IN October 1973 Aurora Cricket Club took to the field as the first multi-ethnic team in modern times to play in a white league in South Africa. The events of that day, and the circumstances leading up to it, are well-documented. Aurora’s main opposition came from the government in the person of the colourful Minister of Sport, Piet Koornhof. His professed determination to prevent integrated cricket resulted in a proclamation (R228) amending the Group Areas Act in a way that he hoped would criminalise mixed matches. On the day that the first fixture (against the University of Natal Second XI) finally took place at the Forsyth Ground in Alexandra Park, Pietermaritzburg the police (including the local commander, Colonel Pieterse) made their presence felt both openly and surreptitiously. Late in the afternoon a Group Areas official took the names of the players and tried to seize the scorebook. The game itself was uninterrupted, police interest in Aurora soon faded away and there never was a prosecution. Some may argue that this was a minor incident in the major drama of the rise and fall of apartheid. Others would say that it carried with it enough significance not to be dismissed simply as an obscure event remembered only by a group of aging cricketers. Here are some of the reasons why.

Hard though it may now be to believe, the action of playing in an integrated cricket match in South Africa in 1973 was one that required considerable courage. Not only were the police well trained in muscular methods, but they were backed by a wide range of laws that encouraged them to behave in whatever fashion they pleased. South Africa was, in the early 1970s, a well-developed police state in which vigilantes were coming to play a significant role: anti-apartheid marches in Pietermaritzburg in the 1960s had been attacked by government supporting thugs. It was perfectly conceivable that Aurora’s cricketers could have landed in prison, unpleasant places in apartheid South Africa even for short-term detainees. They were brave and committed people.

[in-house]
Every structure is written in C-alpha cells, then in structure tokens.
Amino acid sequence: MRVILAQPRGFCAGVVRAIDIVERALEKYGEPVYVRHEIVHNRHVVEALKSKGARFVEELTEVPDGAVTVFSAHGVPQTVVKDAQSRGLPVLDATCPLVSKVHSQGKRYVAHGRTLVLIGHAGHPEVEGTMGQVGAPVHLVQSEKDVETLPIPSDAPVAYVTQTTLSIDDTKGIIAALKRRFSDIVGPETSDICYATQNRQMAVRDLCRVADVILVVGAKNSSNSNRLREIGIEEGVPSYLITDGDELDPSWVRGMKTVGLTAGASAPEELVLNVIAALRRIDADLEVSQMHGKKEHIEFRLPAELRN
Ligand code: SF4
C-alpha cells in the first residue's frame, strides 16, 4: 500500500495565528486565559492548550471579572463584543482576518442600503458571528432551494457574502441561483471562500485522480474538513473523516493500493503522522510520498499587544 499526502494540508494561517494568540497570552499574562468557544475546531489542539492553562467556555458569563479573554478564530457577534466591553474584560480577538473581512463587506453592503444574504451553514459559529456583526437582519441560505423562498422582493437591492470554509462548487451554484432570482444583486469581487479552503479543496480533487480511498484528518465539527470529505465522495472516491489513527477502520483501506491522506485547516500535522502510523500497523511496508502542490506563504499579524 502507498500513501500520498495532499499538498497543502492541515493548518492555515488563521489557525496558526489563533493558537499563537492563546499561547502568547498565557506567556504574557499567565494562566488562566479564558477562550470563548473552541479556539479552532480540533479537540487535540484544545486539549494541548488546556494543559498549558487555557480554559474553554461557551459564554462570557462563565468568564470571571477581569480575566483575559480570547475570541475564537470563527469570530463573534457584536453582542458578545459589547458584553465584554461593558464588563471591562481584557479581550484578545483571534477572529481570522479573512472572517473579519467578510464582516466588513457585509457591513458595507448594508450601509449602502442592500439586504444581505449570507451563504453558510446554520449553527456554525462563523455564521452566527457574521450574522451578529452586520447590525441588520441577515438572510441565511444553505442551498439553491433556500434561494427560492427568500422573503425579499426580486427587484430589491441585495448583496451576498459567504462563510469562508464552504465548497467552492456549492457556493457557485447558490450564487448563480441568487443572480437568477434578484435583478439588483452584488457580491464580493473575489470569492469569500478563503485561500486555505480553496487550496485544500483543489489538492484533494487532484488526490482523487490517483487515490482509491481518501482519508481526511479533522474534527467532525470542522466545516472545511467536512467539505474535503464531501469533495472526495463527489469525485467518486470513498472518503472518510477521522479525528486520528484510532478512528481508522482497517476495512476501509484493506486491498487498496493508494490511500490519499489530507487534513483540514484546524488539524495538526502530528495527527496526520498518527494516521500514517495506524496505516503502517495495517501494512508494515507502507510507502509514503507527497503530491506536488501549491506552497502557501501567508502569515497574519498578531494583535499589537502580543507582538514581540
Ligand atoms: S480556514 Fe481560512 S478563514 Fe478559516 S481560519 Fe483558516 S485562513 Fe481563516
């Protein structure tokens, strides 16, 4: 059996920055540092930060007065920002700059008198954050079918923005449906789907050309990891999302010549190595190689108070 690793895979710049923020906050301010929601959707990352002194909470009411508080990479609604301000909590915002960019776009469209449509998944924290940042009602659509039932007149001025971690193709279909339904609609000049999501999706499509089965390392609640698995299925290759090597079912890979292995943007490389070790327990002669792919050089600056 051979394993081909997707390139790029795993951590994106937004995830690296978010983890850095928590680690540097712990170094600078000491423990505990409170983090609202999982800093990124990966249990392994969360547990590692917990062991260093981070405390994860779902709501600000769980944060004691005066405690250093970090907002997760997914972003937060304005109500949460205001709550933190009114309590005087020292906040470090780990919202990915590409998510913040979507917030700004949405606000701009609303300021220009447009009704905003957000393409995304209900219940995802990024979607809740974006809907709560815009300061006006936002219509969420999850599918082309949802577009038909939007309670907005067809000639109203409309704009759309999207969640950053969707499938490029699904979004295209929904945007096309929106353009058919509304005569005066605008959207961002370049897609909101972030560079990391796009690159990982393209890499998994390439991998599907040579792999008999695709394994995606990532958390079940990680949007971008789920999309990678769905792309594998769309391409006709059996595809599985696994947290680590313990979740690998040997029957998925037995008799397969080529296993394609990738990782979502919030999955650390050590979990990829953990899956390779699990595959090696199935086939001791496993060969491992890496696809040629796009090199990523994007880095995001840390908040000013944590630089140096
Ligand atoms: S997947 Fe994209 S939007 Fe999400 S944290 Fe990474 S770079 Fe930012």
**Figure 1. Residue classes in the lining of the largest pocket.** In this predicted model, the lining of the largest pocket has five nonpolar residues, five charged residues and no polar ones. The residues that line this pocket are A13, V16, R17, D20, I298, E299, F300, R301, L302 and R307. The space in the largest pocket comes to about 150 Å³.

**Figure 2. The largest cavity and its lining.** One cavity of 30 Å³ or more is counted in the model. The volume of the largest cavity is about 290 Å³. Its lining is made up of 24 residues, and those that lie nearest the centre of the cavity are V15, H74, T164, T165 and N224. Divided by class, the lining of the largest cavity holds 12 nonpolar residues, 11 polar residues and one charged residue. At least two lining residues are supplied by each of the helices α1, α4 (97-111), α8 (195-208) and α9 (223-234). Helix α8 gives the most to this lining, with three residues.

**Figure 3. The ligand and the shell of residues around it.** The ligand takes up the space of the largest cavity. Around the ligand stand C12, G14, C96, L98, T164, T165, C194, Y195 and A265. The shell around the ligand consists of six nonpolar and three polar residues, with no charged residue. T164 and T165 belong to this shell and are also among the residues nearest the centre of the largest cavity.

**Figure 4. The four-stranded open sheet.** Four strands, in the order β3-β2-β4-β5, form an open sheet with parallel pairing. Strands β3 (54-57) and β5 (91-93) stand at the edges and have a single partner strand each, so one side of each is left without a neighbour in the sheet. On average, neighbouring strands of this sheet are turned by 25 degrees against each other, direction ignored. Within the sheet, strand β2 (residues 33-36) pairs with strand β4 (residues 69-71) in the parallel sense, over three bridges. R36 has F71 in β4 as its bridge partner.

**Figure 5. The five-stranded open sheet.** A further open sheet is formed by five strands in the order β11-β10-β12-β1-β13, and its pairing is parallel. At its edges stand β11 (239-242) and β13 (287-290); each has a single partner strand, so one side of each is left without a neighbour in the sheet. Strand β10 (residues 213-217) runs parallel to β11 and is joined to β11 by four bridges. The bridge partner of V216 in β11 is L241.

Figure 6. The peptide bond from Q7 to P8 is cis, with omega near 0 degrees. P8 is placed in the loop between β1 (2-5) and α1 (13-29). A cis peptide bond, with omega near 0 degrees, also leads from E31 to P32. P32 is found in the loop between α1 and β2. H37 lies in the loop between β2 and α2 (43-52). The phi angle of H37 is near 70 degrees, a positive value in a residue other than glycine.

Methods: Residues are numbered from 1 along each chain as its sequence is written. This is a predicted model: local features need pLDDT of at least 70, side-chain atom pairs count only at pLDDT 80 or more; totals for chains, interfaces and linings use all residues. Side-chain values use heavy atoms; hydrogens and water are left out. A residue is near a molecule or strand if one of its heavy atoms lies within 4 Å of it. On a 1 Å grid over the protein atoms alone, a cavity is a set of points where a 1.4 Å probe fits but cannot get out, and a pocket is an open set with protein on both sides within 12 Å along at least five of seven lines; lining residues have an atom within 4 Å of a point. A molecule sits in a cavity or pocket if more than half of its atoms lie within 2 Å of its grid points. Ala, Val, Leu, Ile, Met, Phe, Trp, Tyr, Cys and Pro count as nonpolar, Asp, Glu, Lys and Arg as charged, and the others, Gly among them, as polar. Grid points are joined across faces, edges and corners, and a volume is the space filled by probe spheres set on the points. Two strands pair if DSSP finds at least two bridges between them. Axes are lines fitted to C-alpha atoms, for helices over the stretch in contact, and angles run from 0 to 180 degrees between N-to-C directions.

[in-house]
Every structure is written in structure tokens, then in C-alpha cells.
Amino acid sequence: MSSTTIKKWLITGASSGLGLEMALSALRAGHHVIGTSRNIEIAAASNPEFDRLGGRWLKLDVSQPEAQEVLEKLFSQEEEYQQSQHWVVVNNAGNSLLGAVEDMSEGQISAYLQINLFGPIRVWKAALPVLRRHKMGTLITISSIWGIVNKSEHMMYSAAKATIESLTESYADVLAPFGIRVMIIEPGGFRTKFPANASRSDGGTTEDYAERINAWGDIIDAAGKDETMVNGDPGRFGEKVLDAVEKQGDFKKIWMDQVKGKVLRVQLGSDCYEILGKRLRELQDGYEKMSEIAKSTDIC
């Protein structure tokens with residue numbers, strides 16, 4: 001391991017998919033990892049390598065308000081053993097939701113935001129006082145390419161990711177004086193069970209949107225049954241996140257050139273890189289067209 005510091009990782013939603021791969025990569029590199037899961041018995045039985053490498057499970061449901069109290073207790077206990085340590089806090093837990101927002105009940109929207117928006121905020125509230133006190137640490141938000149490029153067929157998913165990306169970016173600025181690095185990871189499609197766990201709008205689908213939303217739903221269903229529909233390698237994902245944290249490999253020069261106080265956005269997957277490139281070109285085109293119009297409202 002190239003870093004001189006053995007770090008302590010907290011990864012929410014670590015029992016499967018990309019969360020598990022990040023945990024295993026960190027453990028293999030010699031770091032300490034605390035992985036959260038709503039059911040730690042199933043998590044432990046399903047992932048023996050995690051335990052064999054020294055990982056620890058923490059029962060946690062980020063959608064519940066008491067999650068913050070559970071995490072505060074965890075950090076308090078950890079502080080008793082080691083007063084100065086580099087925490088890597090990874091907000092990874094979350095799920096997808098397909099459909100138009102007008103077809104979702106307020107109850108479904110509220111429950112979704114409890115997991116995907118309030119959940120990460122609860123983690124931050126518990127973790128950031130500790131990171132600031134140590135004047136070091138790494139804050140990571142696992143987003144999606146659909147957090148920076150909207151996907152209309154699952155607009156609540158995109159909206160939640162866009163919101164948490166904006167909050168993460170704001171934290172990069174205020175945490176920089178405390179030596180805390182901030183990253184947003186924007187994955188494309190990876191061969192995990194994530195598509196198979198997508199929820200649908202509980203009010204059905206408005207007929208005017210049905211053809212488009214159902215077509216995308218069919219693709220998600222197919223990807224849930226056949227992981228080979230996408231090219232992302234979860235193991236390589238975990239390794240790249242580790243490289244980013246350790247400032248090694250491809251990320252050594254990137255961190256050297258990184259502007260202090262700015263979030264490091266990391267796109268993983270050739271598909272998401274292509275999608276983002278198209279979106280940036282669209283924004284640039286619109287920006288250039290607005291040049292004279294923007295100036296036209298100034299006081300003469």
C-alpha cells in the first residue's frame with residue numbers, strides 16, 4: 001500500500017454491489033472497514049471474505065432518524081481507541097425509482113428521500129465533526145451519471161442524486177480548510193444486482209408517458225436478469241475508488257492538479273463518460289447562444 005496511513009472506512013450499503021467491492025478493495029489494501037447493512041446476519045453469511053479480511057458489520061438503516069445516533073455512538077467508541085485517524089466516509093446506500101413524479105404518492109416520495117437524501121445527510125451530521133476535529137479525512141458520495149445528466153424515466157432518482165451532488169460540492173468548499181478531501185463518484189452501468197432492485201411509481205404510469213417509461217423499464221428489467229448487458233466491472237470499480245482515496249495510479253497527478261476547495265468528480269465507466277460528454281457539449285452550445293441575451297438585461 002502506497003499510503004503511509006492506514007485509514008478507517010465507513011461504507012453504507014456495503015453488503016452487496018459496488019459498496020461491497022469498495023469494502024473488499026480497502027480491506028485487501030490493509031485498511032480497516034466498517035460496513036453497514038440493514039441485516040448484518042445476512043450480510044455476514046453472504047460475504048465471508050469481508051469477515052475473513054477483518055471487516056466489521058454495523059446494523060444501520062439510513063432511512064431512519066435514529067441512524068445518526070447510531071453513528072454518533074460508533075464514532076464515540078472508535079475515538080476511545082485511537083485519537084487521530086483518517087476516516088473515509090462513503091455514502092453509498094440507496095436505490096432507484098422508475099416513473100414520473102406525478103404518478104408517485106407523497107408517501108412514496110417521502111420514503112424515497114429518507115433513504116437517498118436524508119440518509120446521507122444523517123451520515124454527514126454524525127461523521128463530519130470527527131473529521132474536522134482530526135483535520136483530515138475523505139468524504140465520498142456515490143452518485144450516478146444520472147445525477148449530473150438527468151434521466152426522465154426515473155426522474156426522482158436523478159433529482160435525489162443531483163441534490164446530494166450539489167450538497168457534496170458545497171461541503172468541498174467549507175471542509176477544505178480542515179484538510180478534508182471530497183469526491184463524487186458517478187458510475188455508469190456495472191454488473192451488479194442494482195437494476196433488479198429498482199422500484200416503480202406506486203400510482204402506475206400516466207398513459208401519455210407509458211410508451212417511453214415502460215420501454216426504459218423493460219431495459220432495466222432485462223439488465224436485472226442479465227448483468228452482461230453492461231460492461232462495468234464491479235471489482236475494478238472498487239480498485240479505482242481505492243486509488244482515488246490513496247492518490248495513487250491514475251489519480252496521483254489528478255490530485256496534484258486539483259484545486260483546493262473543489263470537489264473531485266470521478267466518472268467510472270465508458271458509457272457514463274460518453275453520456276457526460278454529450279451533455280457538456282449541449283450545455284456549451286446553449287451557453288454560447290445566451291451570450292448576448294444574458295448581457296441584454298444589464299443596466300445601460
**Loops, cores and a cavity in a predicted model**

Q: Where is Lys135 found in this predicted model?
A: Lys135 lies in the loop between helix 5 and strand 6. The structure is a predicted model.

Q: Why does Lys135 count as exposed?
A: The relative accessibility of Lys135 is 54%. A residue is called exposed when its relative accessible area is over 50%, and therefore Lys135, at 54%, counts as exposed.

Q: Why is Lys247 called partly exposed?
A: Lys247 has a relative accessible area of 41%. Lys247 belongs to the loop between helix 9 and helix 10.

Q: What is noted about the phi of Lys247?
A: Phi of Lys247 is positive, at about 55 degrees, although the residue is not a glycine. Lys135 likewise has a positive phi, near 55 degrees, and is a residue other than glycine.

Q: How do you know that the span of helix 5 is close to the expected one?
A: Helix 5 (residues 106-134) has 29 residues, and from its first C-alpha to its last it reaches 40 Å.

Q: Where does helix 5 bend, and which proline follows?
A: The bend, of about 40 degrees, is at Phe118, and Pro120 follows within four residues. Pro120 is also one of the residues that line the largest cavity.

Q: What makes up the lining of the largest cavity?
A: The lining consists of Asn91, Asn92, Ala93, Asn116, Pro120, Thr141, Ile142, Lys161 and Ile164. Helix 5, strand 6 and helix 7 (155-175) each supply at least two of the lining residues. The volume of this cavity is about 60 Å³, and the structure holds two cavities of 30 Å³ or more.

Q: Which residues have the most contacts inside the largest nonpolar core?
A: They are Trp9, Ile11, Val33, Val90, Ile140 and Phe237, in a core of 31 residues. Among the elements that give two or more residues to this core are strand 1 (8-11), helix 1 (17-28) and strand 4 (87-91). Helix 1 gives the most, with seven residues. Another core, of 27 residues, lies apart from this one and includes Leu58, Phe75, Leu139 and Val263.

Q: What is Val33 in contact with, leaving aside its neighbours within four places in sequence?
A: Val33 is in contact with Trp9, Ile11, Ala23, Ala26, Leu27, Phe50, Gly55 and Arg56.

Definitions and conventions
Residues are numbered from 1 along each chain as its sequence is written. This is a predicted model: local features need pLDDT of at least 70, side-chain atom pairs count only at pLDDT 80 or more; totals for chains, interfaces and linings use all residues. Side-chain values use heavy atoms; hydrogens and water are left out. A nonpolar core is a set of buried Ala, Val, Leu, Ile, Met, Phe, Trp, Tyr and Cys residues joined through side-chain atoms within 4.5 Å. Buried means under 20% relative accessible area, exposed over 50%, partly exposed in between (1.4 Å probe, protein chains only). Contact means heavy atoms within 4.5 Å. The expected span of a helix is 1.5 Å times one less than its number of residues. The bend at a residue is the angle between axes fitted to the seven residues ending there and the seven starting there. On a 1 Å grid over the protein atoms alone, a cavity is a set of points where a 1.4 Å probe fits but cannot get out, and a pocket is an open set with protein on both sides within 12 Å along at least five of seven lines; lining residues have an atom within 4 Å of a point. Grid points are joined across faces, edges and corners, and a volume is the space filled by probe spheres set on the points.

Aurora’s move was politically very shrewd. It took the most innocuous of activities, a game of cricket in a municipal park, to challenge the weakest link in an ideology of the absurd. The government’s attempts to control the use of public recreational space − roads, playing fields, stadia − were always lacking in confidence, hard to define in law, subject to ribald comment in opposition newspapers, and a gift to overseas opponents of apartheid. Aurora had the best possible answer to official absurdity − defiance, which led others to laugh at and mock it. This defiance was part of a long tradition in South African history whose most famous eruptions occurred in the early 1950s and at the time of Sharpeville. In 1989, of course, the people took over the streets, beaches and hospitals of South Africa to complete a chain of direct action of which Aurora was an earlier link. Peaceful protest by civil society and ordinary people would ultimately be the downfall of apartheid.